factors: The present or threatened destruction, modification, or 
curtailment of its habitat or range; or disease or predation.

Petition Finding

    After reviewing the information contained in the petitions, as well 
as information readily available in our files, and based on the above 
analysis, we conclude that the petitions present substantial scientific 
information indicating that the petitioned action of listing the great 
hammerhead shark range-wide as threatened or endangered may be 
warranted. Therefore, in accordance with section 4(b)(3)(B) of the ESA 
and NMFS' implementing regulations (50 CFR 424.14(b)(2)), we will 
commence a status review of the species. During our status review, we 
will first determine whether the species is in danger of extinction 
(endangered) or likely to become so (threatened) throughout all or a 
significant portion of its range. If it is not, then we will consider 
whether any populations meet the DPS policy criteria, and if so, 
whether any of these are threatened or endangered throughout all or a 
significant portion of their ranges. We now initiate this review, and 
thus, the great hammerhead shark is considered to be a candidate 
species (69 FR 19975; April 15, 2004). Within 12 months of the receipt 
of the petition (December 21, 2013), we will make a finding as to 
whether listing the species (or any identified DPSs) as endangered or 
threatened is warranted as required by section 4(b)(3)(B) of the ESA. 
If listing the species (or any identified DPSs) is found to be 
warranted, we will publish a proposed rule and solicit public comments 
before developing and publishing a final rule.

Information Solicited

    To ensure that the status review is based on the best available 
scientific and commercial data, we are soliciting information on 
whether the great hammerhead shark is endangered or

[[Page 24707]]

threatened. Specifically, we are soliciting information in the 
following areas: (1) Historical and current distribution and abundance 
of this species throughout its range; (2) historical and current 
population trends; (3) life history in marine environments, including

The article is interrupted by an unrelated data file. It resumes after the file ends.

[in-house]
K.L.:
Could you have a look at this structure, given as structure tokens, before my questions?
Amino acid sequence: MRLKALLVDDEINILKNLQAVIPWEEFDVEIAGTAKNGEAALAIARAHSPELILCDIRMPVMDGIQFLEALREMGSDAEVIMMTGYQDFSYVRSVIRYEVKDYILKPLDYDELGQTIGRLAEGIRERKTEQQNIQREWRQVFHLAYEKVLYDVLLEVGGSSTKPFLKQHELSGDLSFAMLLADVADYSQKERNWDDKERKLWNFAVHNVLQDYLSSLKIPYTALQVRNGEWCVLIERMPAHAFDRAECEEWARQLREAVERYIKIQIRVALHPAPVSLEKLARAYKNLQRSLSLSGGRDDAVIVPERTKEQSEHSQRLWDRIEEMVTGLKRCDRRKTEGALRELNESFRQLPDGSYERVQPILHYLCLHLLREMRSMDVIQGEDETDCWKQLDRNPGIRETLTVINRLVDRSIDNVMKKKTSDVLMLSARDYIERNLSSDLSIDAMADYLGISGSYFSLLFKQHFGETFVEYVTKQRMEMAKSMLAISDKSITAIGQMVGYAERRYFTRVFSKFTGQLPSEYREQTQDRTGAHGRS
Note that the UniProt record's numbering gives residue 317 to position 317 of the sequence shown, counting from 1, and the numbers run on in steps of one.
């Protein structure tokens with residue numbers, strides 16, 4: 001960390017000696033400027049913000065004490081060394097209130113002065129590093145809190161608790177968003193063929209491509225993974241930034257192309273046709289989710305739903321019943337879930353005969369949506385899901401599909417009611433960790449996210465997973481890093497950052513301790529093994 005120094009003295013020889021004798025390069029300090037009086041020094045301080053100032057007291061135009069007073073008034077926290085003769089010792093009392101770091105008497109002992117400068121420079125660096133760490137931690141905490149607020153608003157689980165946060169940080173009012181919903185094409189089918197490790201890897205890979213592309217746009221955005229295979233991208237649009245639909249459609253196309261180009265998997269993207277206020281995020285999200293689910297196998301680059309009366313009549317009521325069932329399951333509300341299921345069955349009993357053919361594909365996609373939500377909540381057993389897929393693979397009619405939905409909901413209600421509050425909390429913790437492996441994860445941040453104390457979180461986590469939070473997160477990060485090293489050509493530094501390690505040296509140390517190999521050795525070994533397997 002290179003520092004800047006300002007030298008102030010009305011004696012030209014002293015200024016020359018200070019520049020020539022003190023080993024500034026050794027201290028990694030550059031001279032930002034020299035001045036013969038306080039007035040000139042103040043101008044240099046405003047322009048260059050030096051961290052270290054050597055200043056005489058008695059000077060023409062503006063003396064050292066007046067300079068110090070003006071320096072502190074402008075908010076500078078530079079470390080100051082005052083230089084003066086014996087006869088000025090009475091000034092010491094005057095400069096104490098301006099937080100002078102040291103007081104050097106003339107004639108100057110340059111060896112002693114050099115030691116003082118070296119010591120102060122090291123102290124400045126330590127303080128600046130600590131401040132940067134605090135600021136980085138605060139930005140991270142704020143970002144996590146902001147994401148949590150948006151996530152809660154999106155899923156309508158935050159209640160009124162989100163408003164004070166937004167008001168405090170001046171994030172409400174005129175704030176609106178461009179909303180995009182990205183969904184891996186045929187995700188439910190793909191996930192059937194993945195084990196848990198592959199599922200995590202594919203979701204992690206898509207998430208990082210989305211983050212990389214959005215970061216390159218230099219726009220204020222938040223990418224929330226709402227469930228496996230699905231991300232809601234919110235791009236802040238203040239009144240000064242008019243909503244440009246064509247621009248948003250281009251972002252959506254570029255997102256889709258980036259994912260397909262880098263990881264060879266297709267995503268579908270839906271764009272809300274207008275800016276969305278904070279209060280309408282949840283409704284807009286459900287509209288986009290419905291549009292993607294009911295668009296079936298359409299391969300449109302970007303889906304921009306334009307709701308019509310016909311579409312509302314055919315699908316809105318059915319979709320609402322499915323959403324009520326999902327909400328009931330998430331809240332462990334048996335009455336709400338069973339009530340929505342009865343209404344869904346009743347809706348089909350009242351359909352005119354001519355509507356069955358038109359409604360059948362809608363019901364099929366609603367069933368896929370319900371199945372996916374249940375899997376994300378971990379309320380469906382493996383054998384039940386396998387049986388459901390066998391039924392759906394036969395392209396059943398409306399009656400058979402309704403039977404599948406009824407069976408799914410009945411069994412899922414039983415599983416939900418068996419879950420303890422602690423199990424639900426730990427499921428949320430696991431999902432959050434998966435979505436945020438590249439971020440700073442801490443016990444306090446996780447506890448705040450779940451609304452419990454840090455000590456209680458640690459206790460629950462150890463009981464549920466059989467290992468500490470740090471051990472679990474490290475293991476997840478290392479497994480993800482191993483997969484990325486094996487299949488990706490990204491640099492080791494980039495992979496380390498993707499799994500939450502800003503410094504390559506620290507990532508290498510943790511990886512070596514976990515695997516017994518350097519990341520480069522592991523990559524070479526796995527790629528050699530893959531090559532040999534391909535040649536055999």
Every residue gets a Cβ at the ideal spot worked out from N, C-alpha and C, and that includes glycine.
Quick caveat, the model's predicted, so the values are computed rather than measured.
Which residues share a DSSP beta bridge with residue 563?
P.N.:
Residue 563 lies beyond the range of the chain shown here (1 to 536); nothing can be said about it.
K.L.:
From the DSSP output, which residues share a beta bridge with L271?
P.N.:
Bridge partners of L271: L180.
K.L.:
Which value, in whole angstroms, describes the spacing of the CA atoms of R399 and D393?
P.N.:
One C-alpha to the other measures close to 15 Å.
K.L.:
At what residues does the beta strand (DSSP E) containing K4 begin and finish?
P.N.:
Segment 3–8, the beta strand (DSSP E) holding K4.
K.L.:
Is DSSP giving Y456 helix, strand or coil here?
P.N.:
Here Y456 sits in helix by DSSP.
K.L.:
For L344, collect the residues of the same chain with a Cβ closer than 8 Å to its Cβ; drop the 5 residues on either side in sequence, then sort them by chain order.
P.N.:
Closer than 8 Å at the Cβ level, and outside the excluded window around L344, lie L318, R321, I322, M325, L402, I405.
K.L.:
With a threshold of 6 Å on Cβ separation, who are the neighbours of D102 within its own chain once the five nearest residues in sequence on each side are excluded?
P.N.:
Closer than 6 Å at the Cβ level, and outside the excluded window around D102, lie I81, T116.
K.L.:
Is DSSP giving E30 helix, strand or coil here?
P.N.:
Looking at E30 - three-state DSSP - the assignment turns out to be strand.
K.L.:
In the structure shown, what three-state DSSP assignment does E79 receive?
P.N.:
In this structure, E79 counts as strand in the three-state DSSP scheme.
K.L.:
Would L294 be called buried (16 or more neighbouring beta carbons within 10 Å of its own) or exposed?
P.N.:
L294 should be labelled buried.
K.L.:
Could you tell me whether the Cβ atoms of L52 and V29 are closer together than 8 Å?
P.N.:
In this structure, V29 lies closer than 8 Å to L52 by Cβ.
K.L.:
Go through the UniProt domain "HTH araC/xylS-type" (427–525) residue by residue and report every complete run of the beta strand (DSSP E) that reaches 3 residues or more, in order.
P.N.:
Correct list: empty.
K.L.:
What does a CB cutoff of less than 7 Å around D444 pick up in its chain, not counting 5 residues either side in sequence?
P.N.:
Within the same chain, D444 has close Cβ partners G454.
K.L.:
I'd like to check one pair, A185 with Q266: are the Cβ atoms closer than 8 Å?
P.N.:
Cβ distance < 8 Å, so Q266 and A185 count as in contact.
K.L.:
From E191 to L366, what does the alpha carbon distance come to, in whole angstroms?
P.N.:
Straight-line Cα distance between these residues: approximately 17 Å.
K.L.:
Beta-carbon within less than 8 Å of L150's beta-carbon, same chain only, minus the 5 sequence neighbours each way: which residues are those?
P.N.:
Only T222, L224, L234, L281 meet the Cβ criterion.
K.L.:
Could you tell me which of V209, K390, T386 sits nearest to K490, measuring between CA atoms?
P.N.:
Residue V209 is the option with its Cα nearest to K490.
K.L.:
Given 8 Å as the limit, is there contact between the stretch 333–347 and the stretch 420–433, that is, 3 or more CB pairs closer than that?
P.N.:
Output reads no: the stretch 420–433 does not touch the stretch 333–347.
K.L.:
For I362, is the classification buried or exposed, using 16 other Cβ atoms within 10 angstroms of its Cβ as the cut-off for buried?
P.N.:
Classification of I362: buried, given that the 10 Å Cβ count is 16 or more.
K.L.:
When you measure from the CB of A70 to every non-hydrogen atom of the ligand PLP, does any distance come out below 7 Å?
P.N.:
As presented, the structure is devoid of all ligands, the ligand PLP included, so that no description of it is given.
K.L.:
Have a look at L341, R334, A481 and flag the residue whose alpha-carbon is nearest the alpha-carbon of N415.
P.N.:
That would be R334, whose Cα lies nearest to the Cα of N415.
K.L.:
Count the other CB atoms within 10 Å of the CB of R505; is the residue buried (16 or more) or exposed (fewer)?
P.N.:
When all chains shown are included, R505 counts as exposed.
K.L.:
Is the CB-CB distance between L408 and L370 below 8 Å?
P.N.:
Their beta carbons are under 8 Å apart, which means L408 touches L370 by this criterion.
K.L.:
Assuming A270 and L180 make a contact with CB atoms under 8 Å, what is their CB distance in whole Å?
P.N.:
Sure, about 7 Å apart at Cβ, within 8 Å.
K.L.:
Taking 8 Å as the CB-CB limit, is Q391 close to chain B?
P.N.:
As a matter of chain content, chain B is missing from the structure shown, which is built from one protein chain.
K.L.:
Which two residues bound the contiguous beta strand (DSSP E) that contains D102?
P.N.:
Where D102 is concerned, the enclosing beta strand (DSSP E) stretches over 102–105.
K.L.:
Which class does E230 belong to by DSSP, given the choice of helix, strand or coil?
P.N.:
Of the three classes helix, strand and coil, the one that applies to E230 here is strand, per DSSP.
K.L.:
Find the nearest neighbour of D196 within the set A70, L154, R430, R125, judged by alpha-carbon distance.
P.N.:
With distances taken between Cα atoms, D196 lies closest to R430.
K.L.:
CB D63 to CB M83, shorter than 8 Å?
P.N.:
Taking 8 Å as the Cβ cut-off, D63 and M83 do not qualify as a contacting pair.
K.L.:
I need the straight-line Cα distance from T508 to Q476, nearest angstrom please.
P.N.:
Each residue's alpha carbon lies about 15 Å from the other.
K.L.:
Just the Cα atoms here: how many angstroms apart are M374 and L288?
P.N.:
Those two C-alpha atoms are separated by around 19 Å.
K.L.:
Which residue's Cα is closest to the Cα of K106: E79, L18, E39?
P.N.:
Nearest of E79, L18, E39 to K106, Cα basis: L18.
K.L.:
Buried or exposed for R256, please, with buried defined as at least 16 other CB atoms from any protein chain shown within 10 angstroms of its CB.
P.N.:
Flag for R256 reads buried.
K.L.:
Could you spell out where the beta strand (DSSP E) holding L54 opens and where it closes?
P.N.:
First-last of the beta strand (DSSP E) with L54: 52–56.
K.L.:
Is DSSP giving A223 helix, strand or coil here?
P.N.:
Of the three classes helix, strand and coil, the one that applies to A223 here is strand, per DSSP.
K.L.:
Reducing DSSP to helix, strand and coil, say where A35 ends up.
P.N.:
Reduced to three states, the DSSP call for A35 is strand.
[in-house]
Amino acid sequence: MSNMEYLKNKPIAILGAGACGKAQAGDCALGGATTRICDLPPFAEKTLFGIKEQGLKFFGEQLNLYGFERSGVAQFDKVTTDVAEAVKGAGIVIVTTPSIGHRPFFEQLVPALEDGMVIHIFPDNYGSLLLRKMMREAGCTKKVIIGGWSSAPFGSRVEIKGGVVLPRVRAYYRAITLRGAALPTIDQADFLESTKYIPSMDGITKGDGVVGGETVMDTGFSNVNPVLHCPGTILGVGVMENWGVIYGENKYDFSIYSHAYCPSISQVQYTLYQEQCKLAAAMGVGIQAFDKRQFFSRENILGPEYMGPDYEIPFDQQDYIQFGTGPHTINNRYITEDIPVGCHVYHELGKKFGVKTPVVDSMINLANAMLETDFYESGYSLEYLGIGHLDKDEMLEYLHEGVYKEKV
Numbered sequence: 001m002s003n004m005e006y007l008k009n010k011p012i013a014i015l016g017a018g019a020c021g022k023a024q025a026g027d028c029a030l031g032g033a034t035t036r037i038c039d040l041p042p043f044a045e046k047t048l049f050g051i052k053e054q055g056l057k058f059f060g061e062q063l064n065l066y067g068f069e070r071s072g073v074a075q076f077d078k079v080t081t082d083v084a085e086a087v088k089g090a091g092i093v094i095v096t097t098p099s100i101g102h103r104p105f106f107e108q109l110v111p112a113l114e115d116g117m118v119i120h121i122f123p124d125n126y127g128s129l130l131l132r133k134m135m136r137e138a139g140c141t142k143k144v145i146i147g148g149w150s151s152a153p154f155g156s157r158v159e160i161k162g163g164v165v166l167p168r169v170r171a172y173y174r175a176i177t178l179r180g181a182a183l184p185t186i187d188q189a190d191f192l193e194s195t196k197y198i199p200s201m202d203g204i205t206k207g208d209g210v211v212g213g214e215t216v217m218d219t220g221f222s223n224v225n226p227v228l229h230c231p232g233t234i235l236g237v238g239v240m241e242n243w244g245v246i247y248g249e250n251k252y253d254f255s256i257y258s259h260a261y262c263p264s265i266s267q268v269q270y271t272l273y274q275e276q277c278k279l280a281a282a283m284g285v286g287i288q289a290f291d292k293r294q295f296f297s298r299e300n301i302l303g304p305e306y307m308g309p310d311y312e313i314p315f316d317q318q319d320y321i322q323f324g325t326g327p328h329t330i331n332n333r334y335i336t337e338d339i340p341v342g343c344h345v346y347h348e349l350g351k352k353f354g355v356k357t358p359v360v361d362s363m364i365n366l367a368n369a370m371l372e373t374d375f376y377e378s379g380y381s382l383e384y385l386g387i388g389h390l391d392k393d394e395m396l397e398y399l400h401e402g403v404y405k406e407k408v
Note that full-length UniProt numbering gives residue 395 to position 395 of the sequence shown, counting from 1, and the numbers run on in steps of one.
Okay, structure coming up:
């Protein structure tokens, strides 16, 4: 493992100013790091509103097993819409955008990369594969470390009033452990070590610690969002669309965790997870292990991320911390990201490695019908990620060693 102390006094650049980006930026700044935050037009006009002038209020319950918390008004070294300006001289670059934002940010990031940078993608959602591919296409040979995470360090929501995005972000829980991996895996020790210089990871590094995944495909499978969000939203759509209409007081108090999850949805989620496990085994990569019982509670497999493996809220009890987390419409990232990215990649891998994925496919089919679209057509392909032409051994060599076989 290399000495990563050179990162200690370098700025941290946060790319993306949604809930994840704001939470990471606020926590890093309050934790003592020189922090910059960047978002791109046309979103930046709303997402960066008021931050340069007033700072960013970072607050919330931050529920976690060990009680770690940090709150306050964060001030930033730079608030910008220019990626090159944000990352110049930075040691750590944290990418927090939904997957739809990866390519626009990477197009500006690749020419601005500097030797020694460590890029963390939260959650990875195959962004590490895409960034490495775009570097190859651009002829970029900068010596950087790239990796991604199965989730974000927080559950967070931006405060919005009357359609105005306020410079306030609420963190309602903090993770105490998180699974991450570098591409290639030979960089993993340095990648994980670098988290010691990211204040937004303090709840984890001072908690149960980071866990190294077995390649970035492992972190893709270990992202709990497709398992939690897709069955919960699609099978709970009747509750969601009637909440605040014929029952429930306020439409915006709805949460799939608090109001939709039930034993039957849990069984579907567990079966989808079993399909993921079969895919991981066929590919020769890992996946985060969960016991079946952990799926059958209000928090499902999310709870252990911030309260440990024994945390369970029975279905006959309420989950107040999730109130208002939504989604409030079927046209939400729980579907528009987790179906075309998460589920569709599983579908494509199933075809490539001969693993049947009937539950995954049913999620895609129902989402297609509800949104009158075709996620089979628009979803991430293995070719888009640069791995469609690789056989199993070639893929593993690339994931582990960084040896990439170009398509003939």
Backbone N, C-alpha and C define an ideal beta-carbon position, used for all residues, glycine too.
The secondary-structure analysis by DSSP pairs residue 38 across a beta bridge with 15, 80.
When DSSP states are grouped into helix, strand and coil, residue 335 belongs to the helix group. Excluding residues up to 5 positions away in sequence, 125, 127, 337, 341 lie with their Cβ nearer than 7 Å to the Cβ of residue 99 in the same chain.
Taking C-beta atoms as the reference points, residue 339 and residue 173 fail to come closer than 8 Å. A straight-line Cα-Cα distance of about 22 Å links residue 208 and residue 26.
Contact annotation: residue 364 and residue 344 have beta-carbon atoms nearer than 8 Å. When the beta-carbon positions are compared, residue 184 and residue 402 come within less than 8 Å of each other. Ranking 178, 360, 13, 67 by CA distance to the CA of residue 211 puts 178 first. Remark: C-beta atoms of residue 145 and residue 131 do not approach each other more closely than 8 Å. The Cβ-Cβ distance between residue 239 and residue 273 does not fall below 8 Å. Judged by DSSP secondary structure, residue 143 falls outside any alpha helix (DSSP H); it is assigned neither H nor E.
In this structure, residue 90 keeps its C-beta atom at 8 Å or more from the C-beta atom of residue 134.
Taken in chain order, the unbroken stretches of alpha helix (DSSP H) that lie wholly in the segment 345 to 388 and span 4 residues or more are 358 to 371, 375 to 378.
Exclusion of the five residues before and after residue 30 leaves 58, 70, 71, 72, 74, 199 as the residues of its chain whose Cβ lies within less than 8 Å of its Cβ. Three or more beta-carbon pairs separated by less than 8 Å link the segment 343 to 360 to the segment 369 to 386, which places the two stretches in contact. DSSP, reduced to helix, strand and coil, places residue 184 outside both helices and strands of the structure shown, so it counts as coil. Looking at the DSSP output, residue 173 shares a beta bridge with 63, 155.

identified nursery grounds; (4) historical and current data on great 
hammerhead shark bycatch and retention in industrial, commercial, 
artisanal, and recreational fisheries worldwide; (5) historical and 
current data on great hammerhead shark discards in global fisheries; 
(6) data on the trade of great hammerhead shark products, including 
fins, jaws, meat, and teeth; (7) any current or planned activities that 
may adversely impact the species; (8) ongoing or planned efforts to 
protect and restore the species and their habitats; (9) population 
structure information, such as genetics data; and (10) management, 
regulatory, and enforcement information. We request that all 
information be accompanied by: (1) Supporting documentation such as 
maps, bibliographic references, or reprints of pertinent publications; 
and (2) the submitter's name, address, and any association, 
institution, or business that the person represents.

References Cited

    A complete list of references is available upon request from NMFS 
Protected Resources Headquarters Office (see ADDRESSES).


    The authority for this action is the Endangered Species Act of 
1973, as amended (16 U.S.C. 1531 et seq.).

    Dated: April 23, 2013.
Alan D. Risenhoover,
Director, Office of Sustainable Fisheries, performing the functions and 
duties of the Deputy Assistant Administrator for Regulatory Programs, 
National Marine Fisheries Service.
[FR Doc. 2013-09943 Filed 4-25-13; 8:45 am]